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Breach Farm Early Bronze Age Wales

Over the years of being director of the Experimental Archaeology MA Programme at the University of Exeter I interacted and collaborated with a number of Outdoor Museums and Cultural Centres.  One of these is St. Fagans, National Museum of Wales just outside Cardiff.  It is an exceptional place, has extraordinary staff and served as a venue for a number of demonstrations and experiments for us.  

Our experimental students were the first group to be allowed to stay overnight in St. Fagans new Iron Age round house replicas.

One of St. Fagans' functions is to exhibit architecture and monuments representing all time periods of Welsh history and prehistory.  This has mainly been accomplished by moving endangered historical buildings from all parts of Wales into the cultural park. For time periods  where no buildings survive they make archaeologically documented constructions.  Currently they are planning to build a replica of A Bronze Age burial mound (barrow) based on one known as Breach Farm.  They plan to include replicas of the artifacts that were recovered from the mound and to monitor their preservation over several decades.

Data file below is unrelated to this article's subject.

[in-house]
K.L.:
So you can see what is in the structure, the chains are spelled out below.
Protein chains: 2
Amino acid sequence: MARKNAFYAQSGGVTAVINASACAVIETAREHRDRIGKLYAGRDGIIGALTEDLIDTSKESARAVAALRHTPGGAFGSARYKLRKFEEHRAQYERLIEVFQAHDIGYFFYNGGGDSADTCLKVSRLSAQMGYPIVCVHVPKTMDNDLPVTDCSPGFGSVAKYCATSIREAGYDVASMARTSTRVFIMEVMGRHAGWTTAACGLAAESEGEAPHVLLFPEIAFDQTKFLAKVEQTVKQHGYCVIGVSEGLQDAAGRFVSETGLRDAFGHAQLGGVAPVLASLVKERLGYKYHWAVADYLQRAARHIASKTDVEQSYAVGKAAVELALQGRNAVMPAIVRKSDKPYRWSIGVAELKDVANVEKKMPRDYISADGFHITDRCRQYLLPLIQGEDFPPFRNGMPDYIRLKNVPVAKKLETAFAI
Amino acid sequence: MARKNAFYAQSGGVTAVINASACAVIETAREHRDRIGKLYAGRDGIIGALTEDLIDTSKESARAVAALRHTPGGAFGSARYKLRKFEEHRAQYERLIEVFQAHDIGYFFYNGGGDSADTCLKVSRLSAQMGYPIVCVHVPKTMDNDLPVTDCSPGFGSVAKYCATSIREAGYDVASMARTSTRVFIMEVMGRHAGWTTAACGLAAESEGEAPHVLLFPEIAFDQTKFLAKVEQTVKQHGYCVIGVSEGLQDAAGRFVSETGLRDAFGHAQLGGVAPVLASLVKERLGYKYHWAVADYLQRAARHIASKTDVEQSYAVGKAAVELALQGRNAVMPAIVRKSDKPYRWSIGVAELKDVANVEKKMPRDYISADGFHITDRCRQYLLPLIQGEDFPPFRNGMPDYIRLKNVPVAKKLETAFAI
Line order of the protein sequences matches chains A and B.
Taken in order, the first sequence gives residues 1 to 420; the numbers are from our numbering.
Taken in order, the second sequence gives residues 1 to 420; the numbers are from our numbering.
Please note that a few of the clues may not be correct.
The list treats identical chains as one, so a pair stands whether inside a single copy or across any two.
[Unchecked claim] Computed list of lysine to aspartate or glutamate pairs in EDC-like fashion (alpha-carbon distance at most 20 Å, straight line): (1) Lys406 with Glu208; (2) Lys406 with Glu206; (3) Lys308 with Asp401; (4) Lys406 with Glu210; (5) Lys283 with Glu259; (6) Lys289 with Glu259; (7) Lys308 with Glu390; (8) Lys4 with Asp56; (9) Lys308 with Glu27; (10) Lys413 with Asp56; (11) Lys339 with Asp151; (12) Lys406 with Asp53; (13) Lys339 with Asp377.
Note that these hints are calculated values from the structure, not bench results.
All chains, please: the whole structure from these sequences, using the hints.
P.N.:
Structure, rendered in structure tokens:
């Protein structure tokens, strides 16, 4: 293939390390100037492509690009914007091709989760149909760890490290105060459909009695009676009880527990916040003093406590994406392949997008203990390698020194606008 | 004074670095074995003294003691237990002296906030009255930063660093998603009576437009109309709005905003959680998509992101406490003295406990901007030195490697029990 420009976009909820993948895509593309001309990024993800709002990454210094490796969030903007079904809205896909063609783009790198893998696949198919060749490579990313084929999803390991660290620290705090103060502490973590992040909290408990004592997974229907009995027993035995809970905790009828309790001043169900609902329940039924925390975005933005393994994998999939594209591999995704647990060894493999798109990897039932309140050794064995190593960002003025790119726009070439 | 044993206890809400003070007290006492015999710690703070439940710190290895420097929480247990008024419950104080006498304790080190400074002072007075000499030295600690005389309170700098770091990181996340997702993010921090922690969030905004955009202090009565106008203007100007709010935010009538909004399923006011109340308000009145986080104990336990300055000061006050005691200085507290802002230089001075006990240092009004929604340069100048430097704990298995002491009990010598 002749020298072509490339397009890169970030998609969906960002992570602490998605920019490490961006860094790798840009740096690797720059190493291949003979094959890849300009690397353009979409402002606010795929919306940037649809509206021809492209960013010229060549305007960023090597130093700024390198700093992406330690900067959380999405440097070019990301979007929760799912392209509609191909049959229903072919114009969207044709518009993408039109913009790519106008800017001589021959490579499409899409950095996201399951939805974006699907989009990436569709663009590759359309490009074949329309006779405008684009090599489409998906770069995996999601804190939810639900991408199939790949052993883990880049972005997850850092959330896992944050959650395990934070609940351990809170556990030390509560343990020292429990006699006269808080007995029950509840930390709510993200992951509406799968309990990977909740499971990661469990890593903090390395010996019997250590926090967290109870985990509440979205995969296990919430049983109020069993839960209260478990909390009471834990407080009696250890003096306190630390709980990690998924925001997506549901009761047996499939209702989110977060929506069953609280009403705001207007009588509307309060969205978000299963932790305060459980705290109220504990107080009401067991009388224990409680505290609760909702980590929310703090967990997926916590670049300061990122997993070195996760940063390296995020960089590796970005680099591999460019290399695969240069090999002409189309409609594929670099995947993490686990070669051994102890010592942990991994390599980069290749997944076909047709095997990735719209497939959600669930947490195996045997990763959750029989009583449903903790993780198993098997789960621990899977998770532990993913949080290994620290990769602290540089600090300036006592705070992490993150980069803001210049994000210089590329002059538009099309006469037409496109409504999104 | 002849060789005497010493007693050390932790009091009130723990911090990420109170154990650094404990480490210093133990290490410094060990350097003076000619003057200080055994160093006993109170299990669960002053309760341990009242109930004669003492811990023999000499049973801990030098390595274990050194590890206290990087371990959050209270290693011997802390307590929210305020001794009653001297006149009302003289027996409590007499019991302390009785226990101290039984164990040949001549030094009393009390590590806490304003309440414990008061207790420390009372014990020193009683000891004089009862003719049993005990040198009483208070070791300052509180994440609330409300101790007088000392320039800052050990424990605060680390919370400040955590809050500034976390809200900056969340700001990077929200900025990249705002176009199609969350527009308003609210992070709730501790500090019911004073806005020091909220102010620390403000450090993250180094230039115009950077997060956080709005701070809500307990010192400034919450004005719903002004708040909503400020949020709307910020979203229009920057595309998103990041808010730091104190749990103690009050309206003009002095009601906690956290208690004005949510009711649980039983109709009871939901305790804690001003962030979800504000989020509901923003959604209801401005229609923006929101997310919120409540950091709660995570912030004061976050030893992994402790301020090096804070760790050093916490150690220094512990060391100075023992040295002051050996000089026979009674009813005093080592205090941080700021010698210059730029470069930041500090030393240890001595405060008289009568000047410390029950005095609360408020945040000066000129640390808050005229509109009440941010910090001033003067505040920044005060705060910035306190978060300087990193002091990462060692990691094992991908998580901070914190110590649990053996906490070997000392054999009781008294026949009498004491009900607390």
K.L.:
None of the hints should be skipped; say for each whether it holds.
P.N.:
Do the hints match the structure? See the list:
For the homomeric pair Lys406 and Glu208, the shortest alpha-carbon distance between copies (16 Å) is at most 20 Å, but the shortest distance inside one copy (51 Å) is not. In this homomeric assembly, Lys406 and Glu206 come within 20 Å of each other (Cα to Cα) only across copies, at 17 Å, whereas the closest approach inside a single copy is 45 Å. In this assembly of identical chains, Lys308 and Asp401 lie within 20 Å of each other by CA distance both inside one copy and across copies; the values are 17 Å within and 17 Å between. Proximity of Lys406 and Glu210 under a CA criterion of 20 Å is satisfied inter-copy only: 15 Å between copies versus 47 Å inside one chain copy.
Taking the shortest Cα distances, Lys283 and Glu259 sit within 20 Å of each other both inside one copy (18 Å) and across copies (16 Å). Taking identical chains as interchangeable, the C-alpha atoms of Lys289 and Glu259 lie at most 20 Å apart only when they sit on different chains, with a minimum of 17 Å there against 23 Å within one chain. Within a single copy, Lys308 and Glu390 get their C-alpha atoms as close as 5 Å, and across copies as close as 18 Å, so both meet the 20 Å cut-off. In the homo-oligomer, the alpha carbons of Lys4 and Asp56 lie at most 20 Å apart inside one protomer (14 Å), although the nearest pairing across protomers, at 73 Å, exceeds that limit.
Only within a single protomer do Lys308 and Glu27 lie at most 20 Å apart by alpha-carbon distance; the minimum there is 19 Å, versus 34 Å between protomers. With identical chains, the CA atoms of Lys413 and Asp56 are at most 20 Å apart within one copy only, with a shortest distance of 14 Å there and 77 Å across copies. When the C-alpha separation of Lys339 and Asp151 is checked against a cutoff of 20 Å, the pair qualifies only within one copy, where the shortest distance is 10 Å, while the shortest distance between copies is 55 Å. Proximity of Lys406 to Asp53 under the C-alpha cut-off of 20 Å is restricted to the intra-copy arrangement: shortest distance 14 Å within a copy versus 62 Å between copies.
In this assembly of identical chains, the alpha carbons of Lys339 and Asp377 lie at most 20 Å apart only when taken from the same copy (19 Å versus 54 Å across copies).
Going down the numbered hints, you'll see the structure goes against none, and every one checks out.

Associated with cremated human remains were an incised bowl, a bronze axe, two sandstone shaft smoothers and 20 flaked stone objects including 13 exquisitely flaked arrowheads.

Through my association with St. Fagansand my known knapping expertise I was asked if I

would produce replicas of the flaked stone items.  I agreed and took on the challenge; and a challenge it turned out to be.  In order to produce true replicas of each point it was necessary to study and record them in minute detail.  While general descriptions of the points have been published, no detailed analysis had been done. 

I recruited one of my student colleagues, João Carlos Moreno de Sousa, to assist with the analysis, recording and illustration.  He also contributed ideas, critique, encouragement and learned how to operate our department's XRF machine.  Together we are writing an article on our project.  We are also recruiting another colleague, Maria Mercedes Okumura, to perform geometric morphometrics on the points.

We identified two distinct technologies that were used to produce the arrowpoints as well as two different sources of stone.  The technologies and stone types correlated except for one specimen.  For replication I tried to match the stone types, technologies,forms and dimensions as closely as I could for each piece.  This

Breach farm points replicas on left originals on right

was more difficult than I originally expected, but after many aborted attempts and  broken pieces I managed to replicate them all.  We are making detailed comparisons to document how close I came.